Just. Do. This. One. Thing. It’s harder than it seems.

To say what we mean is harder than it seems.

Everyone who’s ever been in a fight with a loved one knows that.

But right now, when much of what we read online is doubted, second-guessed or assumed to be fake, getting our message across clearly is more important than ever.

I chafe a bit at giving Trump any sort of credit, but one thing he’s really good at is speaking simply. Even when the meaning is unclear or even totally false, we can follow what he says because he speaks in simple sentences, often not more than a handful of one-syllable words.

If we want to fight back, we have to be able to communicate our own complex messages just as simply.

How can we demonstrate that our scientists, green advocates and environmental groups are worthy of support if the message gets lost in translation?

We must communicate clearly.

It’s really that simple.

Except, of course, it’s not.

Scientists and other technical professions have been trained for years that writing in a simple style will somehow convey that they themselves are, in fact, simple.

Simple writing, to many, makes them feel uneducated.

Nothing could be further from the truth. To write simply is the most complex writing style of all. To convey a complex idea in a simple way takes serious thought and effort.

The master of nonfiction writing, William Zinsser, had some perfectly clear advice to scientists (of course, that was his point) in his masterpiece On Writing Well.

Another way of making science accessible is to write like a person and not like a scientist.

Tricky for the average scientist, who has been trained to use jargon, trained to write in complex, complicated sentences, and trained to strip away any of their own personality.

Jargon. The very word conveys it’s own complicated, unnecessary meaning.

Jargon is simply words that are common in a particular field, and words that only those in a particular field are comfortable using.

For example, it’s useful in a peer-reviewed, scientific journals to use the word “precipitation.” It has a particular meaning that would take up too much space to spell out in smaller words.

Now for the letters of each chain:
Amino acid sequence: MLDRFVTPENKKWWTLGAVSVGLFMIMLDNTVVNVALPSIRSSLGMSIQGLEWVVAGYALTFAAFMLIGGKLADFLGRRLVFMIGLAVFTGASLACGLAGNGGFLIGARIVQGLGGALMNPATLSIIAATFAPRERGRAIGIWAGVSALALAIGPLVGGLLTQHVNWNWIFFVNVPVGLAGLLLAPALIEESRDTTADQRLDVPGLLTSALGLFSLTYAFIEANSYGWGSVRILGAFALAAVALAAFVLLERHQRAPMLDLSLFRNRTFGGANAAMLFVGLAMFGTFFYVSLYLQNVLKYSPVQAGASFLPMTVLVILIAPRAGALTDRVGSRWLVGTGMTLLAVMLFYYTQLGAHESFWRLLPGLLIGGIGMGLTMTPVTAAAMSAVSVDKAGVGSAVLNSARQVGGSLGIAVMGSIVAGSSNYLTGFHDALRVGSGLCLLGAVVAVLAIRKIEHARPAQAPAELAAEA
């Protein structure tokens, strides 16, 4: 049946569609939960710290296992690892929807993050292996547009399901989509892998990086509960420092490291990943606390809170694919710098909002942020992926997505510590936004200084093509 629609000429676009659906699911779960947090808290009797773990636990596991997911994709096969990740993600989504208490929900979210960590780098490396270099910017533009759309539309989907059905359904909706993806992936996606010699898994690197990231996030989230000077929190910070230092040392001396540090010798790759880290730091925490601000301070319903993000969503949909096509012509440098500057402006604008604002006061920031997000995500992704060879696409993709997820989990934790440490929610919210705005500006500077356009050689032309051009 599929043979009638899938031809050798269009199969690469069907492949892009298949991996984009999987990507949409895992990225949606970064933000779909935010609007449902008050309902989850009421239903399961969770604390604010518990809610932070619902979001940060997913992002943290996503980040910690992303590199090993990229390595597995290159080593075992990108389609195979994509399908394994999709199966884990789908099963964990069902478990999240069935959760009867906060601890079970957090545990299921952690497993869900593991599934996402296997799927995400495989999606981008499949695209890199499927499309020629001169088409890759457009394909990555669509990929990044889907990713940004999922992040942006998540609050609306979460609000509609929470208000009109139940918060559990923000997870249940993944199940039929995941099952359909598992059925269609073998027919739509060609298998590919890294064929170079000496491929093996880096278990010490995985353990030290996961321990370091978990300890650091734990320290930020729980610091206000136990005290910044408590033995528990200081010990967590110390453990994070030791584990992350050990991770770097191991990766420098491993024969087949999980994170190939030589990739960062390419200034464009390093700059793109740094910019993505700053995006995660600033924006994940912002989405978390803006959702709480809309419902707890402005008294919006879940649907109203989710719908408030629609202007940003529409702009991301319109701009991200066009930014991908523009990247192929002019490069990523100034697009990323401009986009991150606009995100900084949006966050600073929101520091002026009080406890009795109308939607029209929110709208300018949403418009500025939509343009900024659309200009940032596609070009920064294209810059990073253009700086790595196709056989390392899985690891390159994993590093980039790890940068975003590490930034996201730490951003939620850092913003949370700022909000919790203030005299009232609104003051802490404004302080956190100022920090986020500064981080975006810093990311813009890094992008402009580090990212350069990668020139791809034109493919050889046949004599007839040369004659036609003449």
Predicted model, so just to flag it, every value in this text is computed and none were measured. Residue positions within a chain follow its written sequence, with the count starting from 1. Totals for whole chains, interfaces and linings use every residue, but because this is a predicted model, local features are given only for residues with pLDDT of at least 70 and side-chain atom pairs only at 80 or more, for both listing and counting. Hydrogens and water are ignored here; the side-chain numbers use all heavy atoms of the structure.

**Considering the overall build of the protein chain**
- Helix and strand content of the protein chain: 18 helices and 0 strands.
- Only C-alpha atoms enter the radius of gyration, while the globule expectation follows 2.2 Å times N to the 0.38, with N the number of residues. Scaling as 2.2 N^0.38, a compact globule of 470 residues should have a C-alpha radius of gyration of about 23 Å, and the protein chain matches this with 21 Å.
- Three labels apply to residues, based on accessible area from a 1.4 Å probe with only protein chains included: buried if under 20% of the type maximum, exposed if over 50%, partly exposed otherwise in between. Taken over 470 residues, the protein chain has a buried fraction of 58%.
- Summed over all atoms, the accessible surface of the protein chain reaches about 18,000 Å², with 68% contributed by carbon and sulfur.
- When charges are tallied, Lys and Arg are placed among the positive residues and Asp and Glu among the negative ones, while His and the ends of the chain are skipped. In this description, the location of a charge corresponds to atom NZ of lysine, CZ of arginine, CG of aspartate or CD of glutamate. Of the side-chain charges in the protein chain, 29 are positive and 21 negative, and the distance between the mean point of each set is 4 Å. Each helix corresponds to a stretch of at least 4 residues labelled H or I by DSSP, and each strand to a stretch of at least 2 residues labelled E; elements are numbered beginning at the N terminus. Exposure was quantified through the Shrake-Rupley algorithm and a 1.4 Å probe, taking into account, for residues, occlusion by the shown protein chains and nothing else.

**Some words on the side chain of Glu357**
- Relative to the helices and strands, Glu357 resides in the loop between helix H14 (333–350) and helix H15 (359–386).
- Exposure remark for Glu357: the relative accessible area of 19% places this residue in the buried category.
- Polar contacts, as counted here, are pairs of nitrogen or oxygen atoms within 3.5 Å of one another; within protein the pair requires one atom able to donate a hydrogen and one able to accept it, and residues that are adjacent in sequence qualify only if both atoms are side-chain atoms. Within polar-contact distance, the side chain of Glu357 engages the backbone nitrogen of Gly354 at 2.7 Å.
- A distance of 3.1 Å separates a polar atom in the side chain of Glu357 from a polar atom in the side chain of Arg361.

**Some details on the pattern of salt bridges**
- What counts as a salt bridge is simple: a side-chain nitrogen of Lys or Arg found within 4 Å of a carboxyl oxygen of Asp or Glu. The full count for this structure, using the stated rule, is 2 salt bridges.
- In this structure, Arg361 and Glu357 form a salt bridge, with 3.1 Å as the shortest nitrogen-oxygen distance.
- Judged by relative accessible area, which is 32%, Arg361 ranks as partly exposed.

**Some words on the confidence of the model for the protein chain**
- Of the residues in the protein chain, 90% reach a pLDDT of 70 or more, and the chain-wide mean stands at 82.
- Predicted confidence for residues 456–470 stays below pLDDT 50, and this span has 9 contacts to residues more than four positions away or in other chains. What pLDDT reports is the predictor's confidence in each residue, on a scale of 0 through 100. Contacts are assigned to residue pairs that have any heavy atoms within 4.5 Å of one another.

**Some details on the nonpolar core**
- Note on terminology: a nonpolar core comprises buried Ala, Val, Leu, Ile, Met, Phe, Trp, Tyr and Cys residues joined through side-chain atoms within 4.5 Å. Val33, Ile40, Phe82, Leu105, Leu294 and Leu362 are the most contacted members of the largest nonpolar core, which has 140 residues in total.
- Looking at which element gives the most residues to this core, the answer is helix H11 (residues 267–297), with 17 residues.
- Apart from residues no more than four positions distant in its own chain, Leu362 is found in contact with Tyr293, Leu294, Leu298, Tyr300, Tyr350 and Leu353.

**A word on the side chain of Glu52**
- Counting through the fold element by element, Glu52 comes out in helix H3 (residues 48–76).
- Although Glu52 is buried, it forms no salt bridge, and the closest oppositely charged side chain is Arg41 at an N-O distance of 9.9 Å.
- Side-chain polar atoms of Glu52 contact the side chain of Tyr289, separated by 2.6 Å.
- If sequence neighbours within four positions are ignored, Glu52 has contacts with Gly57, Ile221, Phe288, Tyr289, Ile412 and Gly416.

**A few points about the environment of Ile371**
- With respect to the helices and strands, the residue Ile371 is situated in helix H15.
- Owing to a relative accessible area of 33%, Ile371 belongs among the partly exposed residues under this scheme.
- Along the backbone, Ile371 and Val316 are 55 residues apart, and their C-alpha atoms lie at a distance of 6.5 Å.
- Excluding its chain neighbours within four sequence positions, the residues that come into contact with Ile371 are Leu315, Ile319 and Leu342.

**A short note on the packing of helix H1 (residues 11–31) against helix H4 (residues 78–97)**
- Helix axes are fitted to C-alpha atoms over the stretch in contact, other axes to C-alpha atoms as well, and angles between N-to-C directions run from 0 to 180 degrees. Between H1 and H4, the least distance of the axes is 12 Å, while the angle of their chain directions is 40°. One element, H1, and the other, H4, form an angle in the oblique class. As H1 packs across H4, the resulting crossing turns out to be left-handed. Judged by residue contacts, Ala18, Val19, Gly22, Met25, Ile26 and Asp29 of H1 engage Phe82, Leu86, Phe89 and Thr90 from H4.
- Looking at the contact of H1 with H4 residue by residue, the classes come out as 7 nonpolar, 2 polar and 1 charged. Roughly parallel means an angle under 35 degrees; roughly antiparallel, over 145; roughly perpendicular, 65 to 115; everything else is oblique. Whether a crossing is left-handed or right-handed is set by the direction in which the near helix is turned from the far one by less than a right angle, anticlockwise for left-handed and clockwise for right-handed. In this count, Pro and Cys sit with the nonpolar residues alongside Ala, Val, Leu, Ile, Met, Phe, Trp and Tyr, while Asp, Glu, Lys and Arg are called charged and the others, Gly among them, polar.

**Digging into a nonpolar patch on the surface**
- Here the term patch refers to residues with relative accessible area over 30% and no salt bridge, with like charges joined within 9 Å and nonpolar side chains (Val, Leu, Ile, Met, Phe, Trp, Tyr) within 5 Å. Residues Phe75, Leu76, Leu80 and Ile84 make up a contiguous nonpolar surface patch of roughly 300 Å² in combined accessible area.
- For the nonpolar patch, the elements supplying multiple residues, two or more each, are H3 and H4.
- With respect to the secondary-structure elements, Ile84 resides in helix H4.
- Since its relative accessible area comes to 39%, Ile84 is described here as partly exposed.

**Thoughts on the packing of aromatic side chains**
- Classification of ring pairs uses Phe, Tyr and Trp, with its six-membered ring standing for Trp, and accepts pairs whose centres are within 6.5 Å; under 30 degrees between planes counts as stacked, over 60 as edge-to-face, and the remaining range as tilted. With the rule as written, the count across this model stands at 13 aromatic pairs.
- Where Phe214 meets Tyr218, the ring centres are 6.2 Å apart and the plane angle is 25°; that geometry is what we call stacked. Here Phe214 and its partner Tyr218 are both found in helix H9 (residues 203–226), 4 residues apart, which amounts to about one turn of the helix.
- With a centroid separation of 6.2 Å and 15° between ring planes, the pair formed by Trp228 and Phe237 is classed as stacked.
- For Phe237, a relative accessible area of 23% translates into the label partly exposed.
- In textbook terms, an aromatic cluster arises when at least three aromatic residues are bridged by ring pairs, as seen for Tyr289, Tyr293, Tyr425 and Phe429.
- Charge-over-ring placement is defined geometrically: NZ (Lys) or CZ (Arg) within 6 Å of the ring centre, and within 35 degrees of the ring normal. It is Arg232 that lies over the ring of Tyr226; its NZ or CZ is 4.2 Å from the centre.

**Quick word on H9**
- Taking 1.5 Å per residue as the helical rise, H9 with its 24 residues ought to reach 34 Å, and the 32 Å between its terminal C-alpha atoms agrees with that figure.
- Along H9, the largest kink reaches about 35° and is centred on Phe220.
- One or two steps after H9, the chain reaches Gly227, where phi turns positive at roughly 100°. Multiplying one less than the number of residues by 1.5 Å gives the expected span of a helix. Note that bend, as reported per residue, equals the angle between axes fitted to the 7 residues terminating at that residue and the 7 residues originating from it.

But, when you are trying to communicate your ideas to people outside your profession, why say, “We are currently experiencing a severe lack of precipitation,” when you could simply say, “It’s not raining enough”?

To use jargon in today’s communication may make you feel smart, but you’ll come across as confusing and arrogant.

And those messages are deleted faster than you can say precipitation.

Using jargon is equal to telling the people who want to support you that you’re smarter than they are.

You’re clearly telling them you have the upper hand, you know more than they do. While they’re busying trying to get the sand out of their eyes, you can interpret the world for them, since they can’t see.

But that’s not your job. Your job is to convey the facts. Maybe interpret some things to make it relevant to the average person’s life.

Your job is to make your scientific information so crystal clear and easy to understand that your reader can make their own decisions.

You want to be able to lead your loyal reader to a place of such clarity that not only they understand what you’re talking about, but they can turn around and explain it to someone else.

Lose the vanity.

Everyone is suspicious of arrogance, so why do we go through such efforts to sound smarter than the next guy?

Confession time. I frequently will write something for a client and take it down to the roots and put it in terms everyone can relate to.

It then, of course, goes through a series of eyes before it is published. These eyes are much more involved in the subject and of course, much more knowledgeable than I am.

And that’s where it usually gets ruined. Especially when it makes its way back to the scientist who is charge of the project.

They take out “lots of different animals” and put back in “an abundance of biodiversity,” take out “rain and snow” and put back in “various precipitation events.”

To quote Mr. Zinsser again, to my environmental communication comrades…

Your responsibility is to the facts and to the reader, not to the vanity of the scientist.

Get some help.

Look, I don’t usually do this. And don’t take my word for it. Go back and read some of my other articles to be sure I provide good content, and not use my blog as a way to promote my own business.

But the environment in under threat, and now is not the time to be vain or be cagey about your own strengths and weakness.

If you are so smart that you simply can’t write “lots of animals” in the place of “biodiversity,” it’s time to get some help.

Find someone like me that can be your translator. Be true to your own strengths. Revel in them, highlight them. But be equally as true to your weakness and let others help you out.

Trust me, everyone needs help.


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